Here’s an example of a common behavioral interview question recruiters like to ask:

Tell me about a time when you failed. How did you deal with it?

This is the type of question that makes a candidate freeze up. Who likes to admit to failure? But it shows great character when someone can talk about it. Failure is good as long as you’re learning something from it.

Let’s apply the STAR Method framework to create the perfect interview response:

  • (S)ituation – My first semester of college was a big adjustment. I was on my own for the first time, living six hours away from my parents. The independence was probably a little more than I was ready for. I was staying out late, prioritizing friends, and going out before school work. I had even reached a point where I was missing a lot of morning classes.
  • (T)ask – The problem was I needed to maintain my GPA at a 3.5 to keep my scholarship. I earned a D in one of my classes, and it caused my GPA to slip below 3.5. I ended up losing my scholarship. My parents were furious. I was so embarrassed because I had always been such a good student. I needed to find another way to cover the cost to continue my education.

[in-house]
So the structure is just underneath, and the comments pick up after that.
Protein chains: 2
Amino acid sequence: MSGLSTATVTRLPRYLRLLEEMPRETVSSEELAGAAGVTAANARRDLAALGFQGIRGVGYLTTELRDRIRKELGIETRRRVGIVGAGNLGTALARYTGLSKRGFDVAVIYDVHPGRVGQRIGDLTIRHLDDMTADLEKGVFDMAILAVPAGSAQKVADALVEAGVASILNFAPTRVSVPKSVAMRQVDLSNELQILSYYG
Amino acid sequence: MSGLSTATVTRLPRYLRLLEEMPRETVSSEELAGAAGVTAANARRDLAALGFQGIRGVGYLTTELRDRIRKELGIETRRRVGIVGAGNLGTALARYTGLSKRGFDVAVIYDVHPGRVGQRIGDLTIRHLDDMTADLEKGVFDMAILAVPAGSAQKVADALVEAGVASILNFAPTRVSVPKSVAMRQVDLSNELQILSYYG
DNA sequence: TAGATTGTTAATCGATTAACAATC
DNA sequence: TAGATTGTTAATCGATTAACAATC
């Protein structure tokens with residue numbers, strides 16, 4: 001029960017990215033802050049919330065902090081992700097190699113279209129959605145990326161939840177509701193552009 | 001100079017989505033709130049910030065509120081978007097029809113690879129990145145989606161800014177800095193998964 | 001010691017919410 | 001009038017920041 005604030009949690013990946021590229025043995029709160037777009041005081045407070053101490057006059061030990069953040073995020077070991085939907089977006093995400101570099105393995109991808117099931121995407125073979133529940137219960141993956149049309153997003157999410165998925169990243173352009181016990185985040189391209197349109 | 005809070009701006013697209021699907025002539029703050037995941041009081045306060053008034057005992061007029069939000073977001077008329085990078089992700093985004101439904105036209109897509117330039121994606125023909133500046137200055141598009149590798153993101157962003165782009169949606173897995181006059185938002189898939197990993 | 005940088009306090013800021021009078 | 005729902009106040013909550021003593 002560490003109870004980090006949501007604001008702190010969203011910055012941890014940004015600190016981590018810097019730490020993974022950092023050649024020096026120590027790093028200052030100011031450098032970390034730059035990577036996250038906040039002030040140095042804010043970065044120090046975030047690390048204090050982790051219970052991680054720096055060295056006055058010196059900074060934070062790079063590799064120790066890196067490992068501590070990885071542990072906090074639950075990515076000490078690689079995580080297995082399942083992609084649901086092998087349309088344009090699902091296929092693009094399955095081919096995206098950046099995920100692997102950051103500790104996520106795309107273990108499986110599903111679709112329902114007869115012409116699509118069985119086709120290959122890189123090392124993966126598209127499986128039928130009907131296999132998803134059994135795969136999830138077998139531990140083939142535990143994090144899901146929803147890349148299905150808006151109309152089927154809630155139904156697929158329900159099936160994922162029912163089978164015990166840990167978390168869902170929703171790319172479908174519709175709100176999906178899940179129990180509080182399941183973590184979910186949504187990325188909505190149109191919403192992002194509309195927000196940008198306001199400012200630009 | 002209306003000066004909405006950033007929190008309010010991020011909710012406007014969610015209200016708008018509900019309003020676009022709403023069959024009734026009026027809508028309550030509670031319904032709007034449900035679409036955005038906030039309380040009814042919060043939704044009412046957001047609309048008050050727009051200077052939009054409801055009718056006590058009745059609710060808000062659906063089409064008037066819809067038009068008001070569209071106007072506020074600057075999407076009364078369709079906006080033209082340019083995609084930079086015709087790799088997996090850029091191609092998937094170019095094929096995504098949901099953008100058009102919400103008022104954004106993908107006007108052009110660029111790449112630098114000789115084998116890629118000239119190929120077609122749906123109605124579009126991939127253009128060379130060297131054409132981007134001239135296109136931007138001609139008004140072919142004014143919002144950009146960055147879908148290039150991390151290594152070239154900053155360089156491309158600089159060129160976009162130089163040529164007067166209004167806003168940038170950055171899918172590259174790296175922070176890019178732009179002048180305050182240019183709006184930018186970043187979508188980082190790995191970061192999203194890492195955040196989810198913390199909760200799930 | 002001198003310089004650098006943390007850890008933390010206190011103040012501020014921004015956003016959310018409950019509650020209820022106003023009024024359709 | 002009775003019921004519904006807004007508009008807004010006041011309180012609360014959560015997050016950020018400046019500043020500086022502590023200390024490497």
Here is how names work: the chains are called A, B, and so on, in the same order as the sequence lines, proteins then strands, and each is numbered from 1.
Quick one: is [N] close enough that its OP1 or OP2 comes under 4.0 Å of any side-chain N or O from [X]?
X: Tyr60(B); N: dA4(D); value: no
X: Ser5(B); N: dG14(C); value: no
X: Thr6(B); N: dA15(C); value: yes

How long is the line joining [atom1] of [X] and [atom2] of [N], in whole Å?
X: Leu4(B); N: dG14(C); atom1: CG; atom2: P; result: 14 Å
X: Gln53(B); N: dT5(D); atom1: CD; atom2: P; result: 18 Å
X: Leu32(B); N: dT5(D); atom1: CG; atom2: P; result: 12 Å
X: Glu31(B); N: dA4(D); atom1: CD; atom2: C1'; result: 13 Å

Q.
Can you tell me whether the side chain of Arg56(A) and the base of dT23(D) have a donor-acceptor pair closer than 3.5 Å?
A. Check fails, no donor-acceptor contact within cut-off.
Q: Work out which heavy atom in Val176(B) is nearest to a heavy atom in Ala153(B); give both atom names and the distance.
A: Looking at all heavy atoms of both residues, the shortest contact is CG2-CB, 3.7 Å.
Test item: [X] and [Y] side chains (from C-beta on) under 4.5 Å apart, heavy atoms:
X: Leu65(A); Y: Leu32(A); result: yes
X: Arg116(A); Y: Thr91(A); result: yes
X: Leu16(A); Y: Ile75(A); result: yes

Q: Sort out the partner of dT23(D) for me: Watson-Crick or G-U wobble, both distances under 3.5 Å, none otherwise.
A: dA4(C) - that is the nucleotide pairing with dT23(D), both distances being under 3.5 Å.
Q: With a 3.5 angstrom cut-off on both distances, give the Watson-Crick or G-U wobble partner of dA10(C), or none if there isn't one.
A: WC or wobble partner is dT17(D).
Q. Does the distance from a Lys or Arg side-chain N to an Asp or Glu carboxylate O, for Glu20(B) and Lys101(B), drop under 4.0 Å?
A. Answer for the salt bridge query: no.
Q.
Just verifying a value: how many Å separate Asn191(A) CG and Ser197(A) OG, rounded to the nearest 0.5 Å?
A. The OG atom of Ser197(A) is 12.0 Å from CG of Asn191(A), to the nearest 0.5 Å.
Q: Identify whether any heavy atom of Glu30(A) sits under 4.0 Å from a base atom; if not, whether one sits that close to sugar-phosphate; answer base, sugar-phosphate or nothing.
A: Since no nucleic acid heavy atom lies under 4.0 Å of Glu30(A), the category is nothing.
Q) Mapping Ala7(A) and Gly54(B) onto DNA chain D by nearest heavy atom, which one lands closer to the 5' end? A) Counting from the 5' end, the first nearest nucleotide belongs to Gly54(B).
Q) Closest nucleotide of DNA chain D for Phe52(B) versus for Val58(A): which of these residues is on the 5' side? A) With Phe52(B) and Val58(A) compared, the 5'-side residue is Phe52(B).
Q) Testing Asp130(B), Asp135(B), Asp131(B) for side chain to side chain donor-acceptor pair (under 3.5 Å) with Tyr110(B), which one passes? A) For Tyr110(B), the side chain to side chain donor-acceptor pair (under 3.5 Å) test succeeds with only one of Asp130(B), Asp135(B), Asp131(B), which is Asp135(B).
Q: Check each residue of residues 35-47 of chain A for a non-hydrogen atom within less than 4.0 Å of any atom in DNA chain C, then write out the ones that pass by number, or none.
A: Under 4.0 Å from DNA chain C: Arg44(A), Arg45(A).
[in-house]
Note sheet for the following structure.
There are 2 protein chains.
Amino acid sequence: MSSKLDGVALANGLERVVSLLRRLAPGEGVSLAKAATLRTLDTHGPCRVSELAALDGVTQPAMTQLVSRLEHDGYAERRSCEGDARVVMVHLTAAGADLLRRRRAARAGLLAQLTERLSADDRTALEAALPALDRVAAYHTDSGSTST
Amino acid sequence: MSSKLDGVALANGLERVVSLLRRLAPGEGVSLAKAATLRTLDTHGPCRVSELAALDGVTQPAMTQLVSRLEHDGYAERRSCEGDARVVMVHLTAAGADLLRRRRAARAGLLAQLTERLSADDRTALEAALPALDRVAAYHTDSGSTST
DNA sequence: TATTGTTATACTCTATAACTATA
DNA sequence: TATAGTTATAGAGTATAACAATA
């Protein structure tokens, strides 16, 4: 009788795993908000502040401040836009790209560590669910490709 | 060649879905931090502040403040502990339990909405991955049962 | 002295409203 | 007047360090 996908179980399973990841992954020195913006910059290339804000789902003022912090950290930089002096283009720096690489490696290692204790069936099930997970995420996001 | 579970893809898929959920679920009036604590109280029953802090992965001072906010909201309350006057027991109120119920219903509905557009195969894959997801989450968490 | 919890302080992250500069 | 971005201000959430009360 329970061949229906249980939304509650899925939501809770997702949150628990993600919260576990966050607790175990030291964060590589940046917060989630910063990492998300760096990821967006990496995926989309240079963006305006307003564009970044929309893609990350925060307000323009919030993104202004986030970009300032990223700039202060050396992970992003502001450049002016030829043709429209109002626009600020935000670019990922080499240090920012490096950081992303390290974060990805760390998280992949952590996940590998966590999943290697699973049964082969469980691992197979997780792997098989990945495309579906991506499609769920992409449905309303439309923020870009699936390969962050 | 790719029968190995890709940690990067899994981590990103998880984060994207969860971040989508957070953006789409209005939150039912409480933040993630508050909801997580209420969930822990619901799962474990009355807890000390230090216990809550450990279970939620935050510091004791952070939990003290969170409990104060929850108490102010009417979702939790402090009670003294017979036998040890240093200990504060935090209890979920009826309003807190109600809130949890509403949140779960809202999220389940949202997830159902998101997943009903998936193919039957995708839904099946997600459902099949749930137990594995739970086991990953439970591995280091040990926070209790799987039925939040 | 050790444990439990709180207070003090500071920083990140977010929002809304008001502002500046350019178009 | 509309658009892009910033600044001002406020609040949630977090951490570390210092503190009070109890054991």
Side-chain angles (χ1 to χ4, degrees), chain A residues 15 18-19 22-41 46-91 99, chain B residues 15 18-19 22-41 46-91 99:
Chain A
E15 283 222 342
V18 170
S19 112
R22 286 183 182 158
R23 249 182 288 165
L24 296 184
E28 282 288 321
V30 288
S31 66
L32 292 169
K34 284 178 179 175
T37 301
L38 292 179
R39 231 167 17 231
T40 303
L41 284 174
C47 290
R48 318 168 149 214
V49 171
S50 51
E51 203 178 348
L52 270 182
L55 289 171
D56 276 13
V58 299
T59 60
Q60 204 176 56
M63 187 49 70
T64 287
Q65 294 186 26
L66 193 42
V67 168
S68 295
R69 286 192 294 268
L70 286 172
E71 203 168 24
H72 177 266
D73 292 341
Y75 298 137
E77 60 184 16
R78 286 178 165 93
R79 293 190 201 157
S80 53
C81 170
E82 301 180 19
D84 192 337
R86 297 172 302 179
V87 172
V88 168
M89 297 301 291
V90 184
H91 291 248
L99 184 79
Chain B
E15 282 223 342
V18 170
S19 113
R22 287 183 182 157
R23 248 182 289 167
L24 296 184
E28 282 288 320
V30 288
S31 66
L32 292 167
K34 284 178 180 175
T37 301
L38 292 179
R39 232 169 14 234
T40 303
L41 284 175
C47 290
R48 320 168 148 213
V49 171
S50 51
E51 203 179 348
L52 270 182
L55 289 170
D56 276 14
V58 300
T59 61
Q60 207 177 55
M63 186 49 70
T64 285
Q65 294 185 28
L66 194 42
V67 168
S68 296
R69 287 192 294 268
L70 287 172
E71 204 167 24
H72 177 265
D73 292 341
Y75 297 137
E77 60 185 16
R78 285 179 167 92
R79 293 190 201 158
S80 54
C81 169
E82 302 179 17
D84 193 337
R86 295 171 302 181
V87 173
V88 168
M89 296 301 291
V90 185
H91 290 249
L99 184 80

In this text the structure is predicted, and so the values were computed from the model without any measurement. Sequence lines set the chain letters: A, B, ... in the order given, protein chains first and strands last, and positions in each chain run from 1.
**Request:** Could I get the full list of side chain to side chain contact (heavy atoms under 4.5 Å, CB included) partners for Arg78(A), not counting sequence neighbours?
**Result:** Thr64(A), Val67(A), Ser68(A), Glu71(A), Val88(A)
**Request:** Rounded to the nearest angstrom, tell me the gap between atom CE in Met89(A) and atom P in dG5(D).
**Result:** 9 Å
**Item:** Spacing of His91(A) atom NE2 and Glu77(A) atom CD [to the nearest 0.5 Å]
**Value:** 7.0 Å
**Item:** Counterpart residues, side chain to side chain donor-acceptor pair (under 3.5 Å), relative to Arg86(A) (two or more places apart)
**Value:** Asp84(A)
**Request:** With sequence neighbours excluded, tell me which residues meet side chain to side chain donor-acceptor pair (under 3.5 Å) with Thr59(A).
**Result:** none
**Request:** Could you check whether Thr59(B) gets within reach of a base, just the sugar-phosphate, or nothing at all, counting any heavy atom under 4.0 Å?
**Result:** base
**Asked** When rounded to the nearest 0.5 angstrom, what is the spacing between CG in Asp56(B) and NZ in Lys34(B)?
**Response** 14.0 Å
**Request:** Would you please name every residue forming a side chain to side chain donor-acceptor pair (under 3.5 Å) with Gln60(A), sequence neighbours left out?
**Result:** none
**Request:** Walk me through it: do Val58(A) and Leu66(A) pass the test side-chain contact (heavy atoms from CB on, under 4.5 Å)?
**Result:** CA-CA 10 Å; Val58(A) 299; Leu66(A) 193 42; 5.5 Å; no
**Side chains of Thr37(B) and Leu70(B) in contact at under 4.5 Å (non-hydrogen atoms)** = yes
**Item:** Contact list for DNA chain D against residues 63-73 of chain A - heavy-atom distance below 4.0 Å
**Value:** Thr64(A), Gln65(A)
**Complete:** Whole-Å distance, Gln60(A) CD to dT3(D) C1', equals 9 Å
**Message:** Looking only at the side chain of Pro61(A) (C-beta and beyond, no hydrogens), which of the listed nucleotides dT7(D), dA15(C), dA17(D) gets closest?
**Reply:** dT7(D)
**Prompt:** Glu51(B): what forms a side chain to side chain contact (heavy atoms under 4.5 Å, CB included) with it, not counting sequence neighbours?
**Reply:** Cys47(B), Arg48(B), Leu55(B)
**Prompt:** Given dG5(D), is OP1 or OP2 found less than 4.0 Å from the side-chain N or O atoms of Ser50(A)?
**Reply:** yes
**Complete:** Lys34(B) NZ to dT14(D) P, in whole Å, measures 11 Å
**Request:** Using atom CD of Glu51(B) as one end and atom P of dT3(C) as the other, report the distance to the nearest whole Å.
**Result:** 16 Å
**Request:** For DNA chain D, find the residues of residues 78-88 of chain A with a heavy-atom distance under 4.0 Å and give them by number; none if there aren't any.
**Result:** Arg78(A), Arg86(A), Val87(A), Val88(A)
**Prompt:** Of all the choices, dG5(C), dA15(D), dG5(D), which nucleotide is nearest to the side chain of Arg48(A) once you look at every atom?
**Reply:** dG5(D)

• (A)ction – I applied for jobs all over campus. My goal was to get a part-time job that would allow me to continue with classes while earning some extra cash. Luckily, the school bookstore took a chance on me. They hired me on as a cashier.
  • (R)esults – Hitting that low was a huge blow to me. I almost had to return home and give up my dream of attending XYZ University. The next semester I worked hard and got my GPA back up. The money I earned at the bookstore went to pay for my education. It gave me a sense of ownership. With more skin in the game, I started to apply myself and make school a priority. I continued working there the remainder of my years at XYZ. I gained great work experience and graduated with honors.

This type of story tells your recruiter you’re honest. You admit to your failure and that when you do stumble, you do what it takes to turn it around. Everyone makes mistakes at some point. It’s how you respond and what you do—those actions and results—that matter most.

Proceed with Caution

There are a couple of things you need to keep in mind as you structure your answers. These things could trip you up if you aren’t careful:

  1. You may feel the urge to exaggerate your stories to make them sound better or impress your recruiter. Resist that urge! The truth has a way of coming out. You could get confused and mix up the story throwing up red flags, or maybe the interviewer knows someone who can verify the facts. Honesty is the best policy.
  2. Keep the story short and to the point. Don’t drag it out and add details that aren’t relevant or don’t demonstrate your ability to do the job. It’s easy to get off track and overshare. Remember to share details, but keep it concise.

The only thing left to do is practice! Create sample interview questions and practice creating your STAR responses. Continue until you’re comfortable with your delivery. Then, get out there and ace that interview!

Check out our “How to Answer” interview questions to help you practice using STAR Method: